LIVE REPORT! Tucson 2019 - last updated 39 minutes ago. Click here to watch.
Log InRegister
Home PageAbout MindatThe Mindat ManualHistory of MindatCopyright StatusWho We AreContact UsAdvertise on Mindat
Donate to MindatCorporate SponsorshipSponsor a PageSponsored PagesMindat AdvertisersAdvertise on Mindat
Learning CenterWhat is a mineral?The most common minerals on earthInformation for EducatorsMindat Articles
Minerals by PropertiesMinerals by ChemistryAdvanced Locality SearchRandom MineralRandom LocalitySearch by minIDLocalities Near MeSearch ArticlesSearch GlossaryMore Search Options
Search For:
Mineral Name:
Locality Name:
The Mindat ManualAdd a New PhotoRate PhotosLocality Edit ReportCoordinate Completion ReportAdd Glossary Item
Mining CompaniesStatisticsThe ElementsUsersBooks & MagazinesMineral MuseumsMineral Shows & EventsThe Mindat DirectoryDevice Settings
Photo SearchPhoto GalleriesNew Photos TodayNew Photos YesterdayMembers' Photo GalleriesPast Photo of the Day Gallery

User and Contributor Manual

Editing a Locality

If you would like to add more information to a locality page, use the following instructions to add and/or edit information regarding the locality. Note: all edits will go through an approval stage before being updated – don't expect the changes to show immediately.

Editing a Locality

Navigate to the locality page you wish to edit. In the blue header bar of the locality page, select “Edit,” then “Edit Locality.” This will direct you to a form page for entering information.

This is the same form page covered in Adding a New Locality, but has already had some data filled in by other users. Please reference that article for details about each of the data boxes.

Adding New Minerals and Rocks to a Locality

Note that when adding new minerals/rocks to a locality, you must provide a reference – literature references are preferred, but personal references are also accepted. This provides an important quality check for the database, and also allows anyone interested in that locality to find any published works about that locality. Be sure that your references are formatted correctly: see References.

Adding New Minerals/Rocks

To begin adding new minerals and/or rocks to a locality, select "Edit" in the locality header, then "Add Minerals." This will navigate you to a form page for adding minerals and rocks.

To add a mineral or rock that is not previously described from this area, type the name into the Minerals to add/update box.

Multiple minerals or rocks from one reference can be added at the same time by entering them individually on their own line – all entries added at the same time will be given the same reference, so entries from more than one source must be added separately with the corresponding reference. If the reference also mentions minerals or rocks previously added to the locality, you can check the box in front of the listing in the left hand column to add the reference to that listing.

If you enter a synonym for a mineral, the approved name for the mineral will be shown. Varietal names will be shown in the list as the varietal name – for example, if you list quartz, rose quartz, amethyst, and smoky quartz, all four minerals will be added to the mineral list as separate entries.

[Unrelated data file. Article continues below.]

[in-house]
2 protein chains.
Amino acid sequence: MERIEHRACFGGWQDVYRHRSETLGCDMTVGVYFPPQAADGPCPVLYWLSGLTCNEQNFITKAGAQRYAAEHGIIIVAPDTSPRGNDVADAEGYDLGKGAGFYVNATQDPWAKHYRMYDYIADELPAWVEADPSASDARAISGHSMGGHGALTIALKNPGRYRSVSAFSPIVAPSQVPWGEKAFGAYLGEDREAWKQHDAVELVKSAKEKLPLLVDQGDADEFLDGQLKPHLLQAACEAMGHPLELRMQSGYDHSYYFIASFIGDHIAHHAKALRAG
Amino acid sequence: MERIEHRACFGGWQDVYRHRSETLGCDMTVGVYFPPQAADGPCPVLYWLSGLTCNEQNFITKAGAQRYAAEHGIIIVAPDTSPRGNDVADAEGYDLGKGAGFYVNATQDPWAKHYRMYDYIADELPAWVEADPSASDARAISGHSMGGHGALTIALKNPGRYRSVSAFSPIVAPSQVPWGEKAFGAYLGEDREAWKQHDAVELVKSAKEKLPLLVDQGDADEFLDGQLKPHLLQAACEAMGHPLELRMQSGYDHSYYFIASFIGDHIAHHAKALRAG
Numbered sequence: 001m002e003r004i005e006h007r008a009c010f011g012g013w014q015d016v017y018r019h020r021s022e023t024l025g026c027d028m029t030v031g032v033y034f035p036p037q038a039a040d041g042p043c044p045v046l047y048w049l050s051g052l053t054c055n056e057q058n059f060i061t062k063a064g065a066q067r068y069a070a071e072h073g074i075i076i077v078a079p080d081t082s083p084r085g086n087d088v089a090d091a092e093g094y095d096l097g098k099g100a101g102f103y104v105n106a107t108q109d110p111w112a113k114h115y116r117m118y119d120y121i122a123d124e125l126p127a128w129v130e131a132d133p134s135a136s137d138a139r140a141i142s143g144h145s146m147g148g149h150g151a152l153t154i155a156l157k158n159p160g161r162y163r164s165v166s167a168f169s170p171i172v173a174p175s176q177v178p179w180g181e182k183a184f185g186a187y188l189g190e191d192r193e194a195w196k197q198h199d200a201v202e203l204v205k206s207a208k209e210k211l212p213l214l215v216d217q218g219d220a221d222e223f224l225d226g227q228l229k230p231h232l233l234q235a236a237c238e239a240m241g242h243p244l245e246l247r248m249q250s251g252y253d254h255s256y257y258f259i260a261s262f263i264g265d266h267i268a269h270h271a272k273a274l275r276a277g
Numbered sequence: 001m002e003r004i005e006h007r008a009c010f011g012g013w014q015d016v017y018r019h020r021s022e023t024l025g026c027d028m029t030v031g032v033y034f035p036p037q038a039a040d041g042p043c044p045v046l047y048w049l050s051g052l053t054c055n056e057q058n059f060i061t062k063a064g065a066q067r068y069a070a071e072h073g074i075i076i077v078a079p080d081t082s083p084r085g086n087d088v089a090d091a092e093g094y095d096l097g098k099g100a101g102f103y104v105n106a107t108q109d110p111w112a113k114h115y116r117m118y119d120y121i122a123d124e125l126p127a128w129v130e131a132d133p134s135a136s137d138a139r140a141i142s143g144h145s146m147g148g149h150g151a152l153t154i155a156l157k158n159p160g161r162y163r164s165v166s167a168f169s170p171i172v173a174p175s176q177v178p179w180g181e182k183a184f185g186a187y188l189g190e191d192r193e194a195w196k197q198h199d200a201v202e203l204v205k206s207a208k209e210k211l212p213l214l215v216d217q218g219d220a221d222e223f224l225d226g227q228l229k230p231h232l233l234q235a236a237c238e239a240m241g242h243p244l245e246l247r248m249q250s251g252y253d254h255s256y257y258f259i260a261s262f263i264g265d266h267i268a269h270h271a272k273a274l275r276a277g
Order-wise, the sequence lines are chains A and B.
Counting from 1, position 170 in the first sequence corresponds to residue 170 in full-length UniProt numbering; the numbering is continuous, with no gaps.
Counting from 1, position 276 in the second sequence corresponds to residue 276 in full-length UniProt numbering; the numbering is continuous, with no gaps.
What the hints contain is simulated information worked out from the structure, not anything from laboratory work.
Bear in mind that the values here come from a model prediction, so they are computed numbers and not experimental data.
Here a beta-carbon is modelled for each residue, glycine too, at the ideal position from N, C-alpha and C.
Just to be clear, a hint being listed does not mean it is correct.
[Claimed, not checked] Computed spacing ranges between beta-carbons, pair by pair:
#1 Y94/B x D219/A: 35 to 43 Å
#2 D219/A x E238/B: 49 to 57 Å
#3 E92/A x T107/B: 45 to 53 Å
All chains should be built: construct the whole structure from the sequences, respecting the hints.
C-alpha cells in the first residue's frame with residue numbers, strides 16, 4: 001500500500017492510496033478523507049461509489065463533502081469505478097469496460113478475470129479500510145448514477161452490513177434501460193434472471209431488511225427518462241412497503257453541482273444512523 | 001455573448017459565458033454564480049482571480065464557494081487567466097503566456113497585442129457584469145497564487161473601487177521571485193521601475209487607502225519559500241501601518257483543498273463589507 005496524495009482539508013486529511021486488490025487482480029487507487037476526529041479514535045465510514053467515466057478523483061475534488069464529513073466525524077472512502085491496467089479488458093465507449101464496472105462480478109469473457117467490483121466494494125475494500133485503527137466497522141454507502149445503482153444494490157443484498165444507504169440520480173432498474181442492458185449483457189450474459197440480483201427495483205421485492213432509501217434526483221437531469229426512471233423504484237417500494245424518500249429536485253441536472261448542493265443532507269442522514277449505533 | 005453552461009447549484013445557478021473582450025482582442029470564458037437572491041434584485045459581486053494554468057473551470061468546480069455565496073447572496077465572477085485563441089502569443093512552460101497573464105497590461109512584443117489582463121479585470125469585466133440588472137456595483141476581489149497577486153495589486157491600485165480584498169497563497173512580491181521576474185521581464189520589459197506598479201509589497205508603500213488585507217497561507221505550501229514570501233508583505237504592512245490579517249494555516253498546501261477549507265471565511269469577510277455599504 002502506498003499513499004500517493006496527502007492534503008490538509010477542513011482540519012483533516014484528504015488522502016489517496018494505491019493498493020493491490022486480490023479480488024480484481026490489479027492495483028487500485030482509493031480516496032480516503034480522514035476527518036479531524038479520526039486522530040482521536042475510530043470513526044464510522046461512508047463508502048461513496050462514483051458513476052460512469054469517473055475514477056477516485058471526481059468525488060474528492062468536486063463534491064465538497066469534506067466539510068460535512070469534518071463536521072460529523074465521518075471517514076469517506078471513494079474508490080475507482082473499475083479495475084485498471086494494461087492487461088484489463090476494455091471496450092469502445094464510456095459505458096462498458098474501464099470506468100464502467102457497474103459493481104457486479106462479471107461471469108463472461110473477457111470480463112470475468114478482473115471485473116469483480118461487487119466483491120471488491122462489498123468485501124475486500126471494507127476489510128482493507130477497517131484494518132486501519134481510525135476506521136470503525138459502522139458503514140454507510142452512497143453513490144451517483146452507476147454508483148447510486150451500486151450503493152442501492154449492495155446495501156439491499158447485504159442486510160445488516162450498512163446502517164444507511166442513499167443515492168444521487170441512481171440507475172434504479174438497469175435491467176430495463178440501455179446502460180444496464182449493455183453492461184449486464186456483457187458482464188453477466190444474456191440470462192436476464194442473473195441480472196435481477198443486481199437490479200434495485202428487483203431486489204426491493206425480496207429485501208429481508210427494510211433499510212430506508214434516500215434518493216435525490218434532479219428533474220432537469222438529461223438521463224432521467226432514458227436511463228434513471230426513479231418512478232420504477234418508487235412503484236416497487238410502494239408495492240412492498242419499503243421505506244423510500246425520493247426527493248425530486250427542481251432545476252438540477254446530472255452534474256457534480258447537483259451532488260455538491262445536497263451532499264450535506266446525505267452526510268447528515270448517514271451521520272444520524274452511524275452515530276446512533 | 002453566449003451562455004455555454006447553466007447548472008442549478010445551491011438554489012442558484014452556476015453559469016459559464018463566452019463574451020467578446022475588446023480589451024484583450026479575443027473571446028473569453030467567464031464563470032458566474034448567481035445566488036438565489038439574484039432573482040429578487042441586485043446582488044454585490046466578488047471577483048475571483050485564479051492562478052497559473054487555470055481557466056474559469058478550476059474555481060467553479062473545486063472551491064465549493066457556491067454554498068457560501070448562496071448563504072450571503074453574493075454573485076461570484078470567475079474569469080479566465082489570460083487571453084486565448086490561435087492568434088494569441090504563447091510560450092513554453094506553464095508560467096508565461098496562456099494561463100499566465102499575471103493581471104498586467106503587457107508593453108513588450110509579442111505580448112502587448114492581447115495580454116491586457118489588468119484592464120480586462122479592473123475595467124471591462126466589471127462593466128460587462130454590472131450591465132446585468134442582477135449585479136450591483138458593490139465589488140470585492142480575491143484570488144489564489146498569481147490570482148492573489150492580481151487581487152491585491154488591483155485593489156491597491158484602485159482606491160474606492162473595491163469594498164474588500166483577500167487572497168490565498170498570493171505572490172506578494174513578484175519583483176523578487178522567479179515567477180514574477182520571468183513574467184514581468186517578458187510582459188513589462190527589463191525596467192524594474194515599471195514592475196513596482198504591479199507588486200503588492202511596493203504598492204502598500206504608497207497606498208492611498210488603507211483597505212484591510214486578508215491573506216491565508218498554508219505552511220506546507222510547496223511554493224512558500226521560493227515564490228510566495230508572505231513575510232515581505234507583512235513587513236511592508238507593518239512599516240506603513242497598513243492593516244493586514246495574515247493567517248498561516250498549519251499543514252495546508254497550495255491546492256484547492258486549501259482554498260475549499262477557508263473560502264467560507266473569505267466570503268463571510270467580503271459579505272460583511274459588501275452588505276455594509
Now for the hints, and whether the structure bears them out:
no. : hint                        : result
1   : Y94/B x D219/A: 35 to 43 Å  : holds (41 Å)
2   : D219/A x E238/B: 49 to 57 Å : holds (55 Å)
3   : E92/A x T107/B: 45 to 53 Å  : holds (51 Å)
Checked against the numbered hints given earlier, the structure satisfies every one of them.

If you add a mineral that is already listed for the locality, the program assumes you wish to add another reference for that mineral.

If you receive an error stating that one or more minerals were not recognized, check for spelling errors and retry.

Literature Reference

Enter the respective reference in the format described.

Use the check box below to indicate whether the reference added is a new reference (default - unchecked) or an update to a previous reference that will replace the previous reference.

Personal Reference

Mindat allows references other than citations from literature – this enables the database to record occurrences that are not yet published and document occurrences found by amateur collectors. To add a personal reference, enter the details of the reference, then select the method used to determine how the mineral/rock was identified. You can hold control and click to add multiple methods. You can also distinguish whether the information came from a specimen personally collected, a dealer, or other.

Caution: the use of “visually identified” will receive heavy scrutiny during manager approval. This option is not intended to circumvent the research or use of any existing published data. If the material in question is crystallized with distinct crystals or other visually distinctive properties are present, this information should be included to support the visual identification.

Once you are finished entering data and are ready to submit the form to add your list of minerals/rocks to the location, select “Add/Update these minerals.” If you have not provided references, these minerals will not be submitted to review for approval.

Adding Details about Minerals at a Locality

You can add further detail to individual minerals reported at a locality by selecting their name in the left hand column. This will navigate you to the Edit Mineral Occurrence Information page. The data entered here will appear on the locentry page (a page that page that includes data about the mineral species at a locality).

Please note that you need to Save after editing each mineral entry - if you navigate to another mineral without saving, your changes will not be saved!

Type Locality

This allows you to specify whether a mineral at a locality is the type locality for that mineral – the type locality listings are for the worldwide type locality, not for regional type localities. As most of this information for known minerals has already been documented, this is not likely to be needed unless you are entering a newly recognized mineral to the database. If you think there is an error in the type locality listing, please post a message in the Errors section of the Messageboard.

Delete this Entry

This function should only be used when a mineral has been added to a locality by mistake. Minerals added from a reference that have since been disproven should not be deleted: instead, change the confirmation status to "erroneously reported."